In this study, we aimed to identify altered metabolic pathways in BTZ-resistant MM cells that drive resistance. By using mass spectrometry and tracer-based metabolomics combined with proteomics, we show that BTZ-resistant cells adapt their glucose metabolism. Mechanistically, this metabolic rewiring results in higher activity of both the pentose phosphate pathway (PPP) and serine synthesis pathway (SSP) and ultimately leads to an increased anti-oxidant capacity of BTZ-resistant cells. We also demonstrate that serine starvation enhances the effect of BTZ and that 3-phosphoglycerate dehydrogenase (PHGDH), which catalyzes the rate limiting step in the SSP, is upregulated across different BTZ-resistant MM cells. Our results indicate that serine metabolism is associated with BTZ resistance and that interfering with this pathway may be a novel strategy to improve BTZ therapy.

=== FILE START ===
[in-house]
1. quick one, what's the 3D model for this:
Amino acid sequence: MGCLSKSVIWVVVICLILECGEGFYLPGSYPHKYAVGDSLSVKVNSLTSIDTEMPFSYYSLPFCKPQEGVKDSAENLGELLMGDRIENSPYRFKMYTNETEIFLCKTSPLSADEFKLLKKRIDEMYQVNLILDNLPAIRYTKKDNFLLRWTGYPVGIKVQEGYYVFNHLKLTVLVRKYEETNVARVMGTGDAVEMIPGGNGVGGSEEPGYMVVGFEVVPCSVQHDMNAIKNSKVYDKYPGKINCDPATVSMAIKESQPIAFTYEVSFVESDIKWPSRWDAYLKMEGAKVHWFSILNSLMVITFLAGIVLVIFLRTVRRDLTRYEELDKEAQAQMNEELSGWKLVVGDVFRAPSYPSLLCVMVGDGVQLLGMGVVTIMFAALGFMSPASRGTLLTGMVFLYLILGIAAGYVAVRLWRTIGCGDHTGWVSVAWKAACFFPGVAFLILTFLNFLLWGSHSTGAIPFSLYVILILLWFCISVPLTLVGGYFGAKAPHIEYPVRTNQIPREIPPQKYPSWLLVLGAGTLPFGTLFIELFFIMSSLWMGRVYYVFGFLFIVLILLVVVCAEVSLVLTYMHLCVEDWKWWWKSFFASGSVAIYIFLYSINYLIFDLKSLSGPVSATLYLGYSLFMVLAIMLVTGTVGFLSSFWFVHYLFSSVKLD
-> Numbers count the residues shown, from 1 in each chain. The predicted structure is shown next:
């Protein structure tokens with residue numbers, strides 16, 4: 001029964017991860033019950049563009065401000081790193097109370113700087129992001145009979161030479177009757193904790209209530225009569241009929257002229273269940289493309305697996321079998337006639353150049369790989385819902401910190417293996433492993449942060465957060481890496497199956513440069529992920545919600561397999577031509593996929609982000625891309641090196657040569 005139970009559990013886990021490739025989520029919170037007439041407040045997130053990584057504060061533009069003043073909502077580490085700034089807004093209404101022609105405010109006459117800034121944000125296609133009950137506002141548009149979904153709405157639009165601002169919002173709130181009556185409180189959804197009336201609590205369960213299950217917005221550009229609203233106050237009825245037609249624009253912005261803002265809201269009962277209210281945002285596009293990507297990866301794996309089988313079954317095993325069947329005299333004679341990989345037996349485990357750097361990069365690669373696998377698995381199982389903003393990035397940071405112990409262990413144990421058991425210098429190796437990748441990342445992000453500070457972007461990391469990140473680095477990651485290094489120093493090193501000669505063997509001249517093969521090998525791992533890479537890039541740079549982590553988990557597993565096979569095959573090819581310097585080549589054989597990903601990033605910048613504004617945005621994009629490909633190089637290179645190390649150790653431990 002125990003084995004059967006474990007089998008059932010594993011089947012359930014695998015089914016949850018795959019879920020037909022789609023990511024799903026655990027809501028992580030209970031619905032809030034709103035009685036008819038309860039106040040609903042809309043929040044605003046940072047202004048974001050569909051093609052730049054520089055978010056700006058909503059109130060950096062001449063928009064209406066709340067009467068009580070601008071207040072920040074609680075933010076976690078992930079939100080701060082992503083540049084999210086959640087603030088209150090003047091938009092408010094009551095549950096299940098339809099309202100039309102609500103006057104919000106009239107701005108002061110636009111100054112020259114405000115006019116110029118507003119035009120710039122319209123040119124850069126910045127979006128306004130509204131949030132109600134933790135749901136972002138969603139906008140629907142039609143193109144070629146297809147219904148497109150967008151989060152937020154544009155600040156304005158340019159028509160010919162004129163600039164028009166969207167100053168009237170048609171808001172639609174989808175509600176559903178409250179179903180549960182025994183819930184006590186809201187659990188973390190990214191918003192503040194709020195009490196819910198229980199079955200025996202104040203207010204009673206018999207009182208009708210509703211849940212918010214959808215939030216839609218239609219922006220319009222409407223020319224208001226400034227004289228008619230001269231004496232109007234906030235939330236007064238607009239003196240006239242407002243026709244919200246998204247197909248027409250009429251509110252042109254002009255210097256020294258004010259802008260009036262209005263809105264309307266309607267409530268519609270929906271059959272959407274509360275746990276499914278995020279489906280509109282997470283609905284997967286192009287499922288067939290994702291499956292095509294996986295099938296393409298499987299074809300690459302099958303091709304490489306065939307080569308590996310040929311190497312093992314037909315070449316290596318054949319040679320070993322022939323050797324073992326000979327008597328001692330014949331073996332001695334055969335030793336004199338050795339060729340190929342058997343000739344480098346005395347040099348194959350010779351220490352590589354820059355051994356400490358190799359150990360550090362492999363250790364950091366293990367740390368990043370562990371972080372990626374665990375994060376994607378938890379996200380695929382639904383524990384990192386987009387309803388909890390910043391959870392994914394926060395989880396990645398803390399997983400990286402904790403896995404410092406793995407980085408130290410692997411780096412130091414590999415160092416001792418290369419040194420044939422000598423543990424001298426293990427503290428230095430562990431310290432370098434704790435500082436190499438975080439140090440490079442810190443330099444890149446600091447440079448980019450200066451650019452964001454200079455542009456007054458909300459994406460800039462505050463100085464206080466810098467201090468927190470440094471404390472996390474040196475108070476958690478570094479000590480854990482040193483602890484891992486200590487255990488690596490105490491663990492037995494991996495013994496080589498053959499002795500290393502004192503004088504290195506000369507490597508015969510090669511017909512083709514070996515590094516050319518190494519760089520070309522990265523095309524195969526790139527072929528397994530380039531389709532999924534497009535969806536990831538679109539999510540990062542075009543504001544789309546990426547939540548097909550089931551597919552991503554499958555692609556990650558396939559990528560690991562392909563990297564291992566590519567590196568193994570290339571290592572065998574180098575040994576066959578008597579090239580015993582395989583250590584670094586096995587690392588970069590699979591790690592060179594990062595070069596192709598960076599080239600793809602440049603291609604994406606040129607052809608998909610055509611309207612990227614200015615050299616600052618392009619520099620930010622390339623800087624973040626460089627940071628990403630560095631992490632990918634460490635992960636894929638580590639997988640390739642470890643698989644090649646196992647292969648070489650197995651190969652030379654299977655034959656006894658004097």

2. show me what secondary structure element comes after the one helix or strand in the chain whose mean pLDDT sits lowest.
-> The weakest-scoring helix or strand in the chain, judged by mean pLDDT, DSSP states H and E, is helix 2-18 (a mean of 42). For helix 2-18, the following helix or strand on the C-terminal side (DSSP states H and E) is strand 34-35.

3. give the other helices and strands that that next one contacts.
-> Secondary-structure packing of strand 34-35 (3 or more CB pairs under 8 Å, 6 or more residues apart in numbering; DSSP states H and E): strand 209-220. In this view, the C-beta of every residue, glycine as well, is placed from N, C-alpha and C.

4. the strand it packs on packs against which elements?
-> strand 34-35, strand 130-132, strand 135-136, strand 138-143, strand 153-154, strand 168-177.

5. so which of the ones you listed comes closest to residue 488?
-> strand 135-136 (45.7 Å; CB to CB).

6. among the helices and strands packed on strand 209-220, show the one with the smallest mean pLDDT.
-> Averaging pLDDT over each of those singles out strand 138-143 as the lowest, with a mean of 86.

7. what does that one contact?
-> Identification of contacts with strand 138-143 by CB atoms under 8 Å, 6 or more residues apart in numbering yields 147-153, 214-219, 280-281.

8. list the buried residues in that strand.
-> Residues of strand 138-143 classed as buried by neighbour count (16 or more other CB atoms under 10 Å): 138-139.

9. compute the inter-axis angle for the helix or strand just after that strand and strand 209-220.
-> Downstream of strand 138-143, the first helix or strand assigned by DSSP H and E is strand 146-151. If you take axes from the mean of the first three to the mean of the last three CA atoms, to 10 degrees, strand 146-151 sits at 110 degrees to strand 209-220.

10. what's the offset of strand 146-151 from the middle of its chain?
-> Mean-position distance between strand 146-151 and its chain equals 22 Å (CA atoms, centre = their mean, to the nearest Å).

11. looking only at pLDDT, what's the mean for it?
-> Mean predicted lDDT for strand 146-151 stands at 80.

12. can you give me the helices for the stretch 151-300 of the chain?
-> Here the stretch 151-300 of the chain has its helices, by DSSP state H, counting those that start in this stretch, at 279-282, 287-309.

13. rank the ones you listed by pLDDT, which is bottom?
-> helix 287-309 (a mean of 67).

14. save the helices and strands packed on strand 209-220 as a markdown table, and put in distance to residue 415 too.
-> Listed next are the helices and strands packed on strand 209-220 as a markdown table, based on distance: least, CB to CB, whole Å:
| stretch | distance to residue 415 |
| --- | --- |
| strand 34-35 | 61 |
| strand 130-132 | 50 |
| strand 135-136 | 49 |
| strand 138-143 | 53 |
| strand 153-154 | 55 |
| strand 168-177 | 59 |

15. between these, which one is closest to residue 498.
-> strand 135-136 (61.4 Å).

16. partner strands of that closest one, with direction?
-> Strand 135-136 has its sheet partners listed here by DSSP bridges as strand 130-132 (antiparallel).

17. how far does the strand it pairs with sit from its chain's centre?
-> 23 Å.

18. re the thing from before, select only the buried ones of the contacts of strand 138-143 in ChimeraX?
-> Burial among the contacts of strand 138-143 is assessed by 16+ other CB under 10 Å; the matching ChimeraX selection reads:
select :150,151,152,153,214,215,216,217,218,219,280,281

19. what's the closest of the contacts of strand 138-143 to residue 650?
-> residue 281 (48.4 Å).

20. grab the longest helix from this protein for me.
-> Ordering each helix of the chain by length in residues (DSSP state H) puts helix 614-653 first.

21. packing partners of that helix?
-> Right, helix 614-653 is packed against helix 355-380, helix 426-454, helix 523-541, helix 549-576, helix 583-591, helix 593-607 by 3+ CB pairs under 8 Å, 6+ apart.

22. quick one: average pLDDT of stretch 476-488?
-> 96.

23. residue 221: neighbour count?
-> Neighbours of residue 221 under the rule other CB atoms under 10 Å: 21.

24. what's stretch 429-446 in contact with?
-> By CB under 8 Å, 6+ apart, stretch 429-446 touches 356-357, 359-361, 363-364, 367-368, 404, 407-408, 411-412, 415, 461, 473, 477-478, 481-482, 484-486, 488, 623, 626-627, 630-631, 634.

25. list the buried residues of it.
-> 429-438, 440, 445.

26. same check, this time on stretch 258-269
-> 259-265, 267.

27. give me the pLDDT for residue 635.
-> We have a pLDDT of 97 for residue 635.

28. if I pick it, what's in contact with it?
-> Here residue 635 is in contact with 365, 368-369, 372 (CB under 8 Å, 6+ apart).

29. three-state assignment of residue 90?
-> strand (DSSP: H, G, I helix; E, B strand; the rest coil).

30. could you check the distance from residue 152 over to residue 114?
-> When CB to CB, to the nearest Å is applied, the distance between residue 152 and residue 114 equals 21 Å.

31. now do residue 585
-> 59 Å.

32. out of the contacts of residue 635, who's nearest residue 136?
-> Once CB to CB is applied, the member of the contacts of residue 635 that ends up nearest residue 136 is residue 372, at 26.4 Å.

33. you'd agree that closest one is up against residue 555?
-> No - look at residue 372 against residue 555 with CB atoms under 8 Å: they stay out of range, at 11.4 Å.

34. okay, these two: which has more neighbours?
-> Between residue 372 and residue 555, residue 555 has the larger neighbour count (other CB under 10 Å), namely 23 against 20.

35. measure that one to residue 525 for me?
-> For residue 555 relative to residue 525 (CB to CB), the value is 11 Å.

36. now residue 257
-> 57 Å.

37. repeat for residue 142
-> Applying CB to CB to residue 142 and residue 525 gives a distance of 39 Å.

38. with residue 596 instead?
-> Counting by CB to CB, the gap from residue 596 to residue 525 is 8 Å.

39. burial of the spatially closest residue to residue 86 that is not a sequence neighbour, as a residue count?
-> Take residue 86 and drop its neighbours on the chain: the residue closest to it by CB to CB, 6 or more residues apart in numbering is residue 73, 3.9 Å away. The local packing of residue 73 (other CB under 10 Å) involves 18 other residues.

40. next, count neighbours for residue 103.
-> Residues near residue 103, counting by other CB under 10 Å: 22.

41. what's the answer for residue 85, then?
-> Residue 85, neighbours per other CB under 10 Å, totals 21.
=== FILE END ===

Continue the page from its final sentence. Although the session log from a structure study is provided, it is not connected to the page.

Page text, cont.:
The proteasome activity probe Me4BodipyFL-Ahx3L3VS was a gift from Huib Ovaa (Leiden University Medical Center, The Netherlands). Bortezomib (BTZ) and carfilzomib (CFZ) were purchased from Selleck Chemicals. All solvents were obtained from Biosolve. All other chemicals were obtained from Sigma-Aldrich, unless stated otherwise.

Cell culture

Human multiple myeloma RPMI-8226 wild type (WT) cells were purchased from ATCC. BTZ-resistant cells were obtained as described previously [11]. AMO-1 and ARH-77 WT, BTZ- and CFZ-resistant cells were kindly provided by C. Driessen (Kantonsspital St. Gallen, Switzerland). Cells were maintained in suspension culture in RPMI-1640 (Lonza) medium supplemented with 2 mM L-glutamine (Lonza), 10% fetal bovine serum (FBS) (Gibco) and 100 μg/ml penicillin/streptomycin (Lonza) and were kept at 37 °C in humidified 5% CO2 atmosphere. BTZ- and CFZ-resistant cells were continuously cultured in the presence of BTZ or CFZ as previous described [11, 13]. Cells were cultured without drugs 4–6 days prior to experiments. Media were supplemented with 10% FBS and 100 μg/ml penicillin/streptomycin unless stated otherwise.

Proteasome activity profiling